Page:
I dunno. Maybe I'm just thinking too hard about it all and feeling sentimental about coming back and writing in general. 

The point? 

It's good to be back. 

Saturday, April 9, 2011

Exactly like this, except not at all...

Despite all appearances, this blog post is not a cleverly disguised advertisement for TVTropes. Even if it is one of the greatest websites on the Internet.

Personal preferences in writing and reading can be wildly different, occasionally even within the same person's head. Doublethink is often a reality.

For example, I'm not much of a romance buff. I don't like romcoms, rarely venture into the "romance" section of any bookstore or website and just generally don't care for it. However, I do love me a good love story. My shipping goggles are custom-made and quite nifty, with night-vision and everything.

It's quite a strange phenomenon. Thing is, I like my love stories/ship teasing in the midst of something else, as sort of a secondary element. Romantic plot tumors drive me up the wall. Less is more and showing is so, so important rather than telling.

For a minor example, I've been working my way through Gargoyles lately *minor spoiler alert* and seriously fell in love with the minor characters (three "minors" in one sentence there...) of Princess Katherine and the Magus. They have an interesting, downplayed dynamic. It's adorable and it makes my inner fangirl shamelessly go *squee*.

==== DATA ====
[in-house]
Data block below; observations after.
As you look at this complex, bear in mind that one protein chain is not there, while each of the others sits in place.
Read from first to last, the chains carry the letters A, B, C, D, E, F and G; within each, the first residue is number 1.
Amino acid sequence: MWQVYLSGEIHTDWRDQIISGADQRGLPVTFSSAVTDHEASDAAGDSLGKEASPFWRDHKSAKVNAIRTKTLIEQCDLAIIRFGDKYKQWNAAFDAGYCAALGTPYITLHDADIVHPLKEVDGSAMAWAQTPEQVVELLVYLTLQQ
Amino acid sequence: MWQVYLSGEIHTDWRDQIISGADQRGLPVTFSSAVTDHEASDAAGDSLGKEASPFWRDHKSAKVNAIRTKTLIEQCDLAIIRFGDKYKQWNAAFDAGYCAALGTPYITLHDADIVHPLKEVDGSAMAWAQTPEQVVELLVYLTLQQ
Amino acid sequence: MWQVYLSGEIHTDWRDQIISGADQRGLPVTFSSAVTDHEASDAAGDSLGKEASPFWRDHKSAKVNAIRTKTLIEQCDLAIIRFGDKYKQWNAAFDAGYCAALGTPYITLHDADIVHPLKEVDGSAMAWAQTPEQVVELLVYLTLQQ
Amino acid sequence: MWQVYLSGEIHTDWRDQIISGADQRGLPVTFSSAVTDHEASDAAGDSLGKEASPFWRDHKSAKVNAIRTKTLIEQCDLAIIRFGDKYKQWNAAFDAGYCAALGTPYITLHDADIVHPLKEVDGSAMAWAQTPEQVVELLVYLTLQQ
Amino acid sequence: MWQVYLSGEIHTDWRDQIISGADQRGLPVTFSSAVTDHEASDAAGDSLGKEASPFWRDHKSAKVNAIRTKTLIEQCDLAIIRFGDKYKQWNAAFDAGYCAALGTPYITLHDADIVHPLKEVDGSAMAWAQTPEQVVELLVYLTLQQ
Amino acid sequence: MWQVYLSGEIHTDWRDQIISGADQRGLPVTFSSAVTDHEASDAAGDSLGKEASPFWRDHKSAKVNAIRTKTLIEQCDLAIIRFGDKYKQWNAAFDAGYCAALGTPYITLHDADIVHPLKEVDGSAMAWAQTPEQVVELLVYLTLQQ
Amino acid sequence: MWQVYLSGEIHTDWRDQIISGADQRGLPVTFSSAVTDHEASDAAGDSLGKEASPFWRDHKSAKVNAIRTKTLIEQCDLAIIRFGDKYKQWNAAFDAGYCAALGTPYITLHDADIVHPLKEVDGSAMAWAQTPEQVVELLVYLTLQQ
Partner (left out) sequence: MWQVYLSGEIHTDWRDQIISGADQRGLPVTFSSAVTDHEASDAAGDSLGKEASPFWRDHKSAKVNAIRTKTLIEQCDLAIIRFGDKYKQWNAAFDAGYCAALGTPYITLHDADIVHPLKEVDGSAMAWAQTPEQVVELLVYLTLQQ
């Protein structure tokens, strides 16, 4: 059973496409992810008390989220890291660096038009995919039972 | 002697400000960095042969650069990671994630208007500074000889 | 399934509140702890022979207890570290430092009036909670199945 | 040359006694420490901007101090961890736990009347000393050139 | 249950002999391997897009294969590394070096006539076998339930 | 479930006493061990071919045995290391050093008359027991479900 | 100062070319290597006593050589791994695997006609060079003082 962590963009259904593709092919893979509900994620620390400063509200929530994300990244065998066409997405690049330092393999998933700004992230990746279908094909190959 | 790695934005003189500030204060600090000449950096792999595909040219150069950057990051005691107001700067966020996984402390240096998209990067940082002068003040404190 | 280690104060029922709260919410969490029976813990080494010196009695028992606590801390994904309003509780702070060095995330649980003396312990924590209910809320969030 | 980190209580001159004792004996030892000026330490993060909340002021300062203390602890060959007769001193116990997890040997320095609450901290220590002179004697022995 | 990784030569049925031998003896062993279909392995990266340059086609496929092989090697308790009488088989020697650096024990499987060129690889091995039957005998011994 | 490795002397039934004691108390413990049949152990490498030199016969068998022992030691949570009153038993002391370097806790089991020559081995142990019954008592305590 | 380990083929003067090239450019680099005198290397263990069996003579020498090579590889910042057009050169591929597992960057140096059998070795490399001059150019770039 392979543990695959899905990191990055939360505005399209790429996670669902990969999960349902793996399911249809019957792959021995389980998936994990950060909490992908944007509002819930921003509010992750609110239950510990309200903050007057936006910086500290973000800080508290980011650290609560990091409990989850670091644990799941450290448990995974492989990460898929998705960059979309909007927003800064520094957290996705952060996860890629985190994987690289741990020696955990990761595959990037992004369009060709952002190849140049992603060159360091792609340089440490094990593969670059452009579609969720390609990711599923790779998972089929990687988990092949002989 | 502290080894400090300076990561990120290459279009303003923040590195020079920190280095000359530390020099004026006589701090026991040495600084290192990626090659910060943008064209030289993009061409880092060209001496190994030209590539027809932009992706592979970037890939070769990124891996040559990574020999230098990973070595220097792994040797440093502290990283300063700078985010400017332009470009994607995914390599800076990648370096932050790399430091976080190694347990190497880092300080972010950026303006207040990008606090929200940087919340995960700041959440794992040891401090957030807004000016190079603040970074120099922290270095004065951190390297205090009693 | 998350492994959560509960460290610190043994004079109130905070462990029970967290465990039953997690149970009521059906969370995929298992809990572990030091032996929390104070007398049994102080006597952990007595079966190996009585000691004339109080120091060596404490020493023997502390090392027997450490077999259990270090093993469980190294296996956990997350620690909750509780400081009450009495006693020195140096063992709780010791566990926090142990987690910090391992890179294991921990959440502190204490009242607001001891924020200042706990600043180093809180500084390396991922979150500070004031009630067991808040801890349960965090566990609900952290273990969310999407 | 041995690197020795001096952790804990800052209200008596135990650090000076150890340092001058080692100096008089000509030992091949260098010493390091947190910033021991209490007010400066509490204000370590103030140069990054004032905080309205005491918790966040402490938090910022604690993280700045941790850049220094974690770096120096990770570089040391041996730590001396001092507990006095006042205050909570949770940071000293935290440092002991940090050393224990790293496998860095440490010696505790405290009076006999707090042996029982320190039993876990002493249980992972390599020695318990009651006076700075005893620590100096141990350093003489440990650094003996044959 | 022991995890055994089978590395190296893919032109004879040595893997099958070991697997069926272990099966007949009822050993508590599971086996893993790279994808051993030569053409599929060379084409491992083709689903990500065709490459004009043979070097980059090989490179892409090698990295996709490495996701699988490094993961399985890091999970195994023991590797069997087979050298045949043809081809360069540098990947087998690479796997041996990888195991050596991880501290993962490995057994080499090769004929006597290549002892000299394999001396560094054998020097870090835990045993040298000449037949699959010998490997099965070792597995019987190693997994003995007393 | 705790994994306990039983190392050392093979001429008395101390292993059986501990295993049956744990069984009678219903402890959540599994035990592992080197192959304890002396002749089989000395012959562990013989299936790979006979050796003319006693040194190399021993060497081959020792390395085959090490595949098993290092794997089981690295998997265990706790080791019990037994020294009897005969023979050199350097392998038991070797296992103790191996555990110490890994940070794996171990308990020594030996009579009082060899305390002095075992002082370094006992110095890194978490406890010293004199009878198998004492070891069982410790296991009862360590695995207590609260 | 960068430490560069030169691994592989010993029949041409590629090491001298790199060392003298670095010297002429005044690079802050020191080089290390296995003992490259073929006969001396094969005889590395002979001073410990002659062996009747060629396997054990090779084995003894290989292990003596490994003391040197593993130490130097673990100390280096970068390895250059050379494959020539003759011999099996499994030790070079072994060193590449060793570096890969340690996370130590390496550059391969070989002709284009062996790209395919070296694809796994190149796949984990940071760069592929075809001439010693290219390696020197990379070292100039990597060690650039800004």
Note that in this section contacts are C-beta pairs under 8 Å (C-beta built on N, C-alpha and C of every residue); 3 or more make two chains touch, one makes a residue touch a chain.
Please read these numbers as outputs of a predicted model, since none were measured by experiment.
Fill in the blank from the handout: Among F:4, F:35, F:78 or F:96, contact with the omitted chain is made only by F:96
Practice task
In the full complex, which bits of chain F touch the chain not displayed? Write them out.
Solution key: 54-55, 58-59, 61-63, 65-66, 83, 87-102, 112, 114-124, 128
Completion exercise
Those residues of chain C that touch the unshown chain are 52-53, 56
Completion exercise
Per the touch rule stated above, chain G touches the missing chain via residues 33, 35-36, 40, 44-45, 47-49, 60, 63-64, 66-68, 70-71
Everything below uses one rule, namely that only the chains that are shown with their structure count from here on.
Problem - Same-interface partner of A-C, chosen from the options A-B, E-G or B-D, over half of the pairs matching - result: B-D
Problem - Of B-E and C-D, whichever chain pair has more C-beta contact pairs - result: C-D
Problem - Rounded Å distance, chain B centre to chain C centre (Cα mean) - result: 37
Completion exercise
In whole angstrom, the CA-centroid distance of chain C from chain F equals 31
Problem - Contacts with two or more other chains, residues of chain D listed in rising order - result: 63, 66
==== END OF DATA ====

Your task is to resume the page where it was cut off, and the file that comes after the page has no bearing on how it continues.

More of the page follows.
But it was such background information, more character motivations than overt plot. The Magus is obviously doing things because he cares about Katherine and they hang out a lot together, but it's all in favor of the bigger story. We see them together and it is sweet and we know something is there because of how he looks at her, but  we don't need it to go into details because we see it.

And it even gets some more coverage in later episodes when *slightly more major spoiler alert* they are in Avalon and raising the gargoyles' eggs. But then, that beautifully subtle character development suddenly goes all dark and tragic on us when it turns out that the Magus never told Katherine how he felt and so she fell for another guy. And he stepped aside because he wanted his beloved to be happy and he had a slight inferiority complex. It gets its own little flashback/monologue and everything and yet... it isn't the focus of the story. It explains why he is doing what he is doing and it makes the end of the episode all the more bittersweet, but it isn't what the show, or even the episode, is about. We get it and there are beautiful little moments were it is explored and focused on, but the story moves on.